باب اليمن

( Yemen Gate )

The Yemen Gate or Gate of Yemen (Arabic: باب اليمن, romanized: Bâb el-Yemen) is the main gate of Sana's old fortified wall, on the southern extremity of the walled city. Its current appearance dates to the 17th century, having been designed by Sam the son of Noah. Today, it is the most ornate of the gates of Sana's Old City. Passengers travelling southward, en route to Ma'bar and Dhamar, would depart from this gate.

As one enters the gate, one quickly notices the Yemeni architecture, high towering houses made of baked bricks decorated and waterproofed with lime plaster and qadad, one of the characteristic features of Sana's Old City. Many of the houses make use of decorative windows, designed as fanlights fitted with stained glass, enclosed within muntins of gypsum plaster and lime-coated sash. Windows that are typical of the Old City...Read more

The Yemen Gate or Gate of Yemen (Arabic: باب اليمن, romanized: Bâb el-Yemen) is the main gate of Sana's old fortified wall, on the southern extremity of the walled city. Its current appearance dates to the 17th century, having been designed by Sam the son of Noah. Today, it is the most ornate of the gates of Sana's Old City. Passengers travelling southward, en route to Ma'bar and Dhamar, would depart from this gate.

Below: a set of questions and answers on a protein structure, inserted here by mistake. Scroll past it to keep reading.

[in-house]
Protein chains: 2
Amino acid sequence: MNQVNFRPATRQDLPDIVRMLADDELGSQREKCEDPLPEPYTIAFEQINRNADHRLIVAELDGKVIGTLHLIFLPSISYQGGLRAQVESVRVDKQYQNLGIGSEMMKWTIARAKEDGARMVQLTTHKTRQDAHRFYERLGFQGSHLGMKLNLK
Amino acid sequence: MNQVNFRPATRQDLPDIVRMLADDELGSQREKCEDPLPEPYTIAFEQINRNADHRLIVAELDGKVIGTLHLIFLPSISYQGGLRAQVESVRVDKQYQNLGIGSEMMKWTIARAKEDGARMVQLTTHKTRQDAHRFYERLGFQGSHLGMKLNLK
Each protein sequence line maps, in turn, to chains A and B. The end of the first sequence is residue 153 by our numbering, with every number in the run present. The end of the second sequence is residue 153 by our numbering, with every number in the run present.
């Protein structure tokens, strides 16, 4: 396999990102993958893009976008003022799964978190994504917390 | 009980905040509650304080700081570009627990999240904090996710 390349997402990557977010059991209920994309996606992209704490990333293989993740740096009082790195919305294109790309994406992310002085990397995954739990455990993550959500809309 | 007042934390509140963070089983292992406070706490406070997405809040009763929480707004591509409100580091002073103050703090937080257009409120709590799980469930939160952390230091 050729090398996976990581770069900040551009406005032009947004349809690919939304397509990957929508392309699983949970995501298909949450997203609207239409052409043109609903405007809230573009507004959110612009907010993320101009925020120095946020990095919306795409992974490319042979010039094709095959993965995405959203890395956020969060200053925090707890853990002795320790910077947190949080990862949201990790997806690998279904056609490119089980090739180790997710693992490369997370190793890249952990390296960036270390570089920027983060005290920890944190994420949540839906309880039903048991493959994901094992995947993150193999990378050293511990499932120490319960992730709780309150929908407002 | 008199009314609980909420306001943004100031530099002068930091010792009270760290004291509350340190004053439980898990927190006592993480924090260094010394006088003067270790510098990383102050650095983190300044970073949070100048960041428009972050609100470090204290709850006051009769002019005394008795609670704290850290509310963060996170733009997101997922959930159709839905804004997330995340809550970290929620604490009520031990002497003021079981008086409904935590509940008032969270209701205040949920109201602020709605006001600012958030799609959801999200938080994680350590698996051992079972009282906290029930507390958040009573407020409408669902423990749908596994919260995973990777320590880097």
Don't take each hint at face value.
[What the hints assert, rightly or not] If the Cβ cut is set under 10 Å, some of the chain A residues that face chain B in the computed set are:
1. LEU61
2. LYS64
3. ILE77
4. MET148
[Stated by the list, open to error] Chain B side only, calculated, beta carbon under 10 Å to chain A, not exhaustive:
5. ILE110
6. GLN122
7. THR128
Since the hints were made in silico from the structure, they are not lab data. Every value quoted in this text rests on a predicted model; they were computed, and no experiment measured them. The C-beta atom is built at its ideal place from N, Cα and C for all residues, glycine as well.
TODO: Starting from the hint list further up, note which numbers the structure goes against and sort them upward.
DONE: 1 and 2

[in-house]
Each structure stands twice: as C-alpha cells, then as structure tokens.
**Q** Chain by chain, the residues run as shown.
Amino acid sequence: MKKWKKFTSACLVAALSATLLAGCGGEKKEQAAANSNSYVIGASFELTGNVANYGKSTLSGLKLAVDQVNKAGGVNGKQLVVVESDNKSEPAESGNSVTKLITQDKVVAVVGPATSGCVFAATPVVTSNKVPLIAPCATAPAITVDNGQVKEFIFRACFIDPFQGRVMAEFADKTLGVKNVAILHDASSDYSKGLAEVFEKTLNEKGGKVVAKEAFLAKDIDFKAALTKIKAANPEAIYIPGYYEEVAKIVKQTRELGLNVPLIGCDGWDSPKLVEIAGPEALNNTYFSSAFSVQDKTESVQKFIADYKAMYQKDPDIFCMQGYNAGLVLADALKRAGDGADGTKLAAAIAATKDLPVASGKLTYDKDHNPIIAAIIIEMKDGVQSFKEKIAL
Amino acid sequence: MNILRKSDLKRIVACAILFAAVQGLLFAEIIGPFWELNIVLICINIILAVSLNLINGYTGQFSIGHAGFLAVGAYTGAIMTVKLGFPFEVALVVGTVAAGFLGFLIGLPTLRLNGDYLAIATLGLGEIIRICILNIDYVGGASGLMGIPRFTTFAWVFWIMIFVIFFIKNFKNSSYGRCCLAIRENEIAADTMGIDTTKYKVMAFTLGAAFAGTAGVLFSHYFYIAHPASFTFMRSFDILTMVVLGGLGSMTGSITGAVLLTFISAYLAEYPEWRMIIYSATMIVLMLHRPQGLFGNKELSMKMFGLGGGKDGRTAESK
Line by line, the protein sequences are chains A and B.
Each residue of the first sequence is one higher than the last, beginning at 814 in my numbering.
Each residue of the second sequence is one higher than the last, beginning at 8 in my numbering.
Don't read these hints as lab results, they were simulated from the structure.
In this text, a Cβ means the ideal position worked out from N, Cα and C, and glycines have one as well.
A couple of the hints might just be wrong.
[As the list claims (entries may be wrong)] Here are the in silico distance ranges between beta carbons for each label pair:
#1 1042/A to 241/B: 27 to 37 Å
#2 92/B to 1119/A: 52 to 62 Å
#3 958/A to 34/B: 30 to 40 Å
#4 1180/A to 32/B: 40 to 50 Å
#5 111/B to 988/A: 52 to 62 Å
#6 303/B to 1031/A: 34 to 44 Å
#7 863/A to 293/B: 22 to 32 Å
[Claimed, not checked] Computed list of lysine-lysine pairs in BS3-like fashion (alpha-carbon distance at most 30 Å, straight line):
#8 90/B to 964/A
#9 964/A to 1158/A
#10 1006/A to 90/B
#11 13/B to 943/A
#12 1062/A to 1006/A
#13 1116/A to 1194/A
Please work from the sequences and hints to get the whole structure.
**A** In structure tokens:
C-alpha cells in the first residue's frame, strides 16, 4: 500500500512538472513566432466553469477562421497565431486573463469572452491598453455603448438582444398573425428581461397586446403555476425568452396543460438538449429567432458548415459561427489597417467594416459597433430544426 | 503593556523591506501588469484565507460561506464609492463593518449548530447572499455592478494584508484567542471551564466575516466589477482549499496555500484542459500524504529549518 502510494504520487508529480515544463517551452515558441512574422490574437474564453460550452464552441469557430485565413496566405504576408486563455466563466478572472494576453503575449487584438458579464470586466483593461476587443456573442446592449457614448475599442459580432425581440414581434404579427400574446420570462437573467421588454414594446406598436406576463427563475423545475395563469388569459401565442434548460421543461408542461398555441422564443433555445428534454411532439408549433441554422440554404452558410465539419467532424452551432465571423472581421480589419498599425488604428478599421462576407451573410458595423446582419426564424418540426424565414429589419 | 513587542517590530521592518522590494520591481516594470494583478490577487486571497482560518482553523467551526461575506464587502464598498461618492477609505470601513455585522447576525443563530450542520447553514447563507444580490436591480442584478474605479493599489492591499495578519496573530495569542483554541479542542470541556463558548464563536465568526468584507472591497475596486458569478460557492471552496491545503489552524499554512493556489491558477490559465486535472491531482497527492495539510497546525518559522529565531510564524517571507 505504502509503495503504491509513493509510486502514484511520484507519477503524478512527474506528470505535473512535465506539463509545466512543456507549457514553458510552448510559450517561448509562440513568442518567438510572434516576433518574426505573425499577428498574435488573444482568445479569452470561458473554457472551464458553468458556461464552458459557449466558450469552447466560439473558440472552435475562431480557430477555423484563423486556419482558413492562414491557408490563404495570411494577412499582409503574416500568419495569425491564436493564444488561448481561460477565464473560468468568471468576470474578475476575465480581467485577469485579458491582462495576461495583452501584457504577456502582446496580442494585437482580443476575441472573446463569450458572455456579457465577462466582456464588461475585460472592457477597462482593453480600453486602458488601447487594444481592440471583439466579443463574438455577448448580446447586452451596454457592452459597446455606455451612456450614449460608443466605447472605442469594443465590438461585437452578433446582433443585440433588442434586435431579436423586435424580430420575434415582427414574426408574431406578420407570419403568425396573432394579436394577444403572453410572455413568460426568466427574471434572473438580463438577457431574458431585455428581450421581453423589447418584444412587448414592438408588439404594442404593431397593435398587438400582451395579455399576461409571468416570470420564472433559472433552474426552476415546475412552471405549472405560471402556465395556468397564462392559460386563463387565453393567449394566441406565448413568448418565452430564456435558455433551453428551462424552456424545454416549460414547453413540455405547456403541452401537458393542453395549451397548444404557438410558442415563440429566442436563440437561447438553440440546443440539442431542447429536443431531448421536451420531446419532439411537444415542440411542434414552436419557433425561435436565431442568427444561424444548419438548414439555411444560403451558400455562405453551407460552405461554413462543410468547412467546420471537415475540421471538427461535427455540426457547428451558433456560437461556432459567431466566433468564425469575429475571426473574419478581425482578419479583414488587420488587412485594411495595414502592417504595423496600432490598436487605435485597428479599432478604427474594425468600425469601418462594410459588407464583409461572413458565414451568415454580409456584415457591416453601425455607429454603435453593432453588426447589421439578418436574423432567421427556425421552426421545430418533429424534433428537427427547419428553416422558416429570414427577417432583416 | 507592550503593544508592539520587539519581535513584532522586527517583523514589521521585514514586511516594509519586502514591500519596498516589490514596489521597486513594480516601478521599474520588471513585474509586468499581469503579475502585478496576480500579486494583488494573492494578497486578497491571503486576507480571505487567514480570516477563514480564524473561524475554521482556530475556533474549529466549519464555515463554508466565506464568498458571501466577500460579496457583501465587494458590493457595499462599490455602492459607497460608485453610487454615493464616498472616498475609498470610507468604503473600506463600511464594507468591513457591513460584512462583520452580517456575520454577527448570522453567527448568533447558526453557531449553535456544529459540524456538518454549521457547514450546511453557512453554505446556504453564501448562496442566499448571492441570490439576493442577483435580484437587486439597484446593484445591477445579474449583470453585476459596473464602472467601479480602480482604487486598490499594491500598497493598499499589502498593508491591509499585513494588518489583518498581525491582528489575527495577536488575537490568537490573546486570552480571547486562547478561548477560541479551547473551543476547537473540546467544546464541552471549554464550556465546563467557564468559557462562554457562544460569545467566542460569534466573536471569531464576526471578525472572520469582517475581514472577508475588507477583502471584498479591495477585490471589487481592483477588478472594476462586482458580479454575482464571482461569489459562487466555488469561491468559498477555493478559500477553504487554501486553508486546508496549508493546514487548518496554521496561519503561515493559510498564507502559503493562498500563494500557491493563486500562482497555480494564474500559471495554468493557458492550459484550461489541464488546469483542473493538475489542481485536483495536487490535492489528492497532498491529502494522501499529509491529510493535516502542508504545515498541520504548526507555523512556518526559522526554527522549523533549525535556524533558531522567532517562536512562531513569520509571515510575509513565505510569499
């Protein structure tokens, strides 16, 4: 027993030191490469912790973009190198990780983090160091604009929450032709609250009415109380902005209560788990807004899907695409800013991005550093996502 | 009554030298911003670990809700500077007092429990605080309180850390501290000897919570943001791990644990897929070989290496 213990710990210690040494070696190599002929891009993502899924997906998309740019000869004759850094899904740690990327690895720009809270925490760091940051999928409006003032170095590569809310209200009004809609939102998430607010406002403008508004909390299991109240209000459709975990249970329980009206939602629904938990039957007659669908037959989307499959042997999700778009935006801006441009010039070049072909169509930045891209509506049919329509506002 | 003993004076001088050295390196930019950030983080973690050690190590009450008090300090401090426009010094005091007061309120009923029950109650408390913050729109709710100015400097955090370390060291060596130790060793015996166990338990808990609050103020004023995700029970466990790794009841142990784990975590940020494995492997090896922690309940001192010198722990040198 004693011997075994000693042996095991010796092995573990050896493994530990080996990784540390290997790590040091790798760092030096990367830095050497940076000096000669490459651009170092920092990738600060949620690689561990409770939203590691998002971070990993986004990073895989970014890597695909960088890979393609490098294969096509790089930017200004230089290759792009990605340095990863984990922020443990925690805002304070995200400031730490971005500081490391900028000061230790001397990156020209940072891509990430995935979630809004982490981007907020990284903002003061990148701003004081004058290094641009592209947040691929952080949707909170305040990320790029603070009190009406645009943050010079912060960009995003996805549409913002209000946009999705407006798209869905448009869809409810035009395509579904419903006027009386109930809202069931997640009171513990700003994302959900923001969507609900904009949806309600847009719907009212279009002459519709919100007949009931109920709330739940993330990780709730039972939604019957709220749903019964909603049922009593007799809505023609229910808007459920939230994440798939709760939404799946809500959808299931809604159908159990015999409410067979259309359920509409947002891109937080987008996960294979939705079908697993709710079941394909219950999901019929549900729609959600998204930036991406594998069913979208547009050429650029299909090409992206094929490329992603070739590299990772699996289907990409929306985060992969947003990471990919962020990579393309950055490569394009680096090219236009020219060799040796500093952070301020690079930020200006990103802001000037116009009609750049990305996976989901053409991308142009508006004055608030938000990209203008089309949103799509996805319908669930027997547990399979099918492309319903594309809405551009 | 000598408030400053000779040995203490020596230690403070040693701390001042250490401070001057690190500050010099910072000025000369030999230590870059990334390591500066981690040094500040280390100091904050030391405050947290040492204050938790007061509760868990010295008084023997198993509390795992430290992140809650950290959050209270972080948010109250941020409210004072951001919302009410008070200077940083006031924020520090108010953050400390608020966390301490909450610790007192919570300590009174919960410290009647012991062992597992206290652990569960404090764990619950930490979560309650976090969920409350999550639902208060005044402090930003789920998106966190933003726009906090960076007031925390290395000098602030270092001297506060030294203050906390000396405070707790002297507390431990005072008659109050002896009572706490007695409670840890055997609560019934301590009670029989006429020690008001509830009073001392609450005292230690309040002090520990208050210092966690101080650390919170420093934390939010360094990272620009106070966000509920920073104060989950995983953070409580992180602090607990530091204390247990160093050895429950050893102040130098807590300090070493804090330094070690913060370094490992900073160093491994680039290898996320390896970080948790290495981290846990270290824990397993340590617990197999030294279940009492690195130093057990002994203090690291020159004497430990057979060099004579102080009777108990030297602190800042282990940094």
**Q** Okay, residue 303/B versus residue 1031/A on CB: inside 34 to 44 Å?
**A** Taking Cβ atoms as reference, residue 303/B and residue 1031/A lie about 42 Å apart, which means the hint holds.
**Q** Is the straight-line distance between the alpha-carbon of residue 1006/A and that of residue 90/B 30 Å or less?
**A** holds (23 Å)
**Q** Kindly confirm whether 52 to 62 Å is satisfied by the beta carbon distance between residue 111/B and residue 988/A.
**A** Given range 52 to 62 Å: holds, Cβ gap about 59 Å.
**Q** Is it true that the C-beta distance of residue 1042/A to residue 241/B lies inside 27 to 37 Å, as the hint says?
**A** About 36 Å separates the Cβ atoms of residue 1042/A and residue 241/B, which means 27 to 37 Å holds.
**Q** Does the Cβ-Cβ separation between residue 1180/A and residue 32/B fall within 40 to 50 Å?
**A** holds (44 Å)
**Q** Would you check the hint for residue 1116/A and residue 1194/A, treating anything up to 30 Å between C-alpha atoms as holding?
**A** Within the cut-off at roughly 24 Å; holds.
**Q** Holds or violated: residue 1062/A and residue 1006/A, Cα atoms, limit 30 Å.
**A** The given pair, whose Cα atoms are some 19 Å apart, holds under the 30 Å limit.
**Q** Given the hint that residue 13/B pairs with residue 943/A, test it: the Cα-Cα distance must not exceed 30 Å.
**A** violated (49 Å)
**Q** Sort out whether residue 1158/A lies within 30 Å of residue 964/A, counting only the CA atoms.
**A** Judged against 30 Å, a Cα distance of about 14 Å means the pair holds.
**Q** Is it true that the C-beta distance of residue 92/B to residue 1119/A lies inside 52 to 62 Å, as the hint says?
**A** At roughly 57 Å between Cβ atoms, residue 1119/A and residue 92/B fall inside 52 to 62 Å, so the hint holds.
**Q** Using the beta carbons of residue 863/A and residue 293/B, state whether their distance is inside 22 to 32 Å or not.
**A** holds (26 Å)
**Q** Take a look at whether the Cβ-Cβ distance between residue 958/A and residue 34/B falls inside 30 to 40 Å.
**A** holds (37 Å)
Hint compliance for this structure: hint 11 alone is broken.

As one enters the gate, one quickly notices the Yemeni architecture, high towering houses made of baked bricks decorated and waterproofed with lime plaster and qadad, one of the characteristic features of Sana's Old City. Many of the houses make use of decorative windows, designed as fanlights fitted with stained glass, enclosed within muntins of gypsum plaster and lime-coated sash. Windows that are typical of the Old City of Sana'a are the alabaster qamariyyah, and the stained glass fanlight (‘aqd mulawwan). The Great Mosque of Sana'a is located about 300 yards from the Yemen Gate. The old city of Sana'a is listed as a UNESCO World Heritage Site due to its unique architectural characteristics, most notably expressed in its multi-storey buildings decorated with geometric patterns.

The brass rings on the left and right columns at the entrance of the Yemen Gate were made by Jewish artisans during the period of the monarchy under the Imams.

Opposite Bab al-Yaman to the north of the Old City is Bab es-Sha'ub.

Photographies by:
leila Kh - CC BY-SA 4.0
Position
1708
Rank
777

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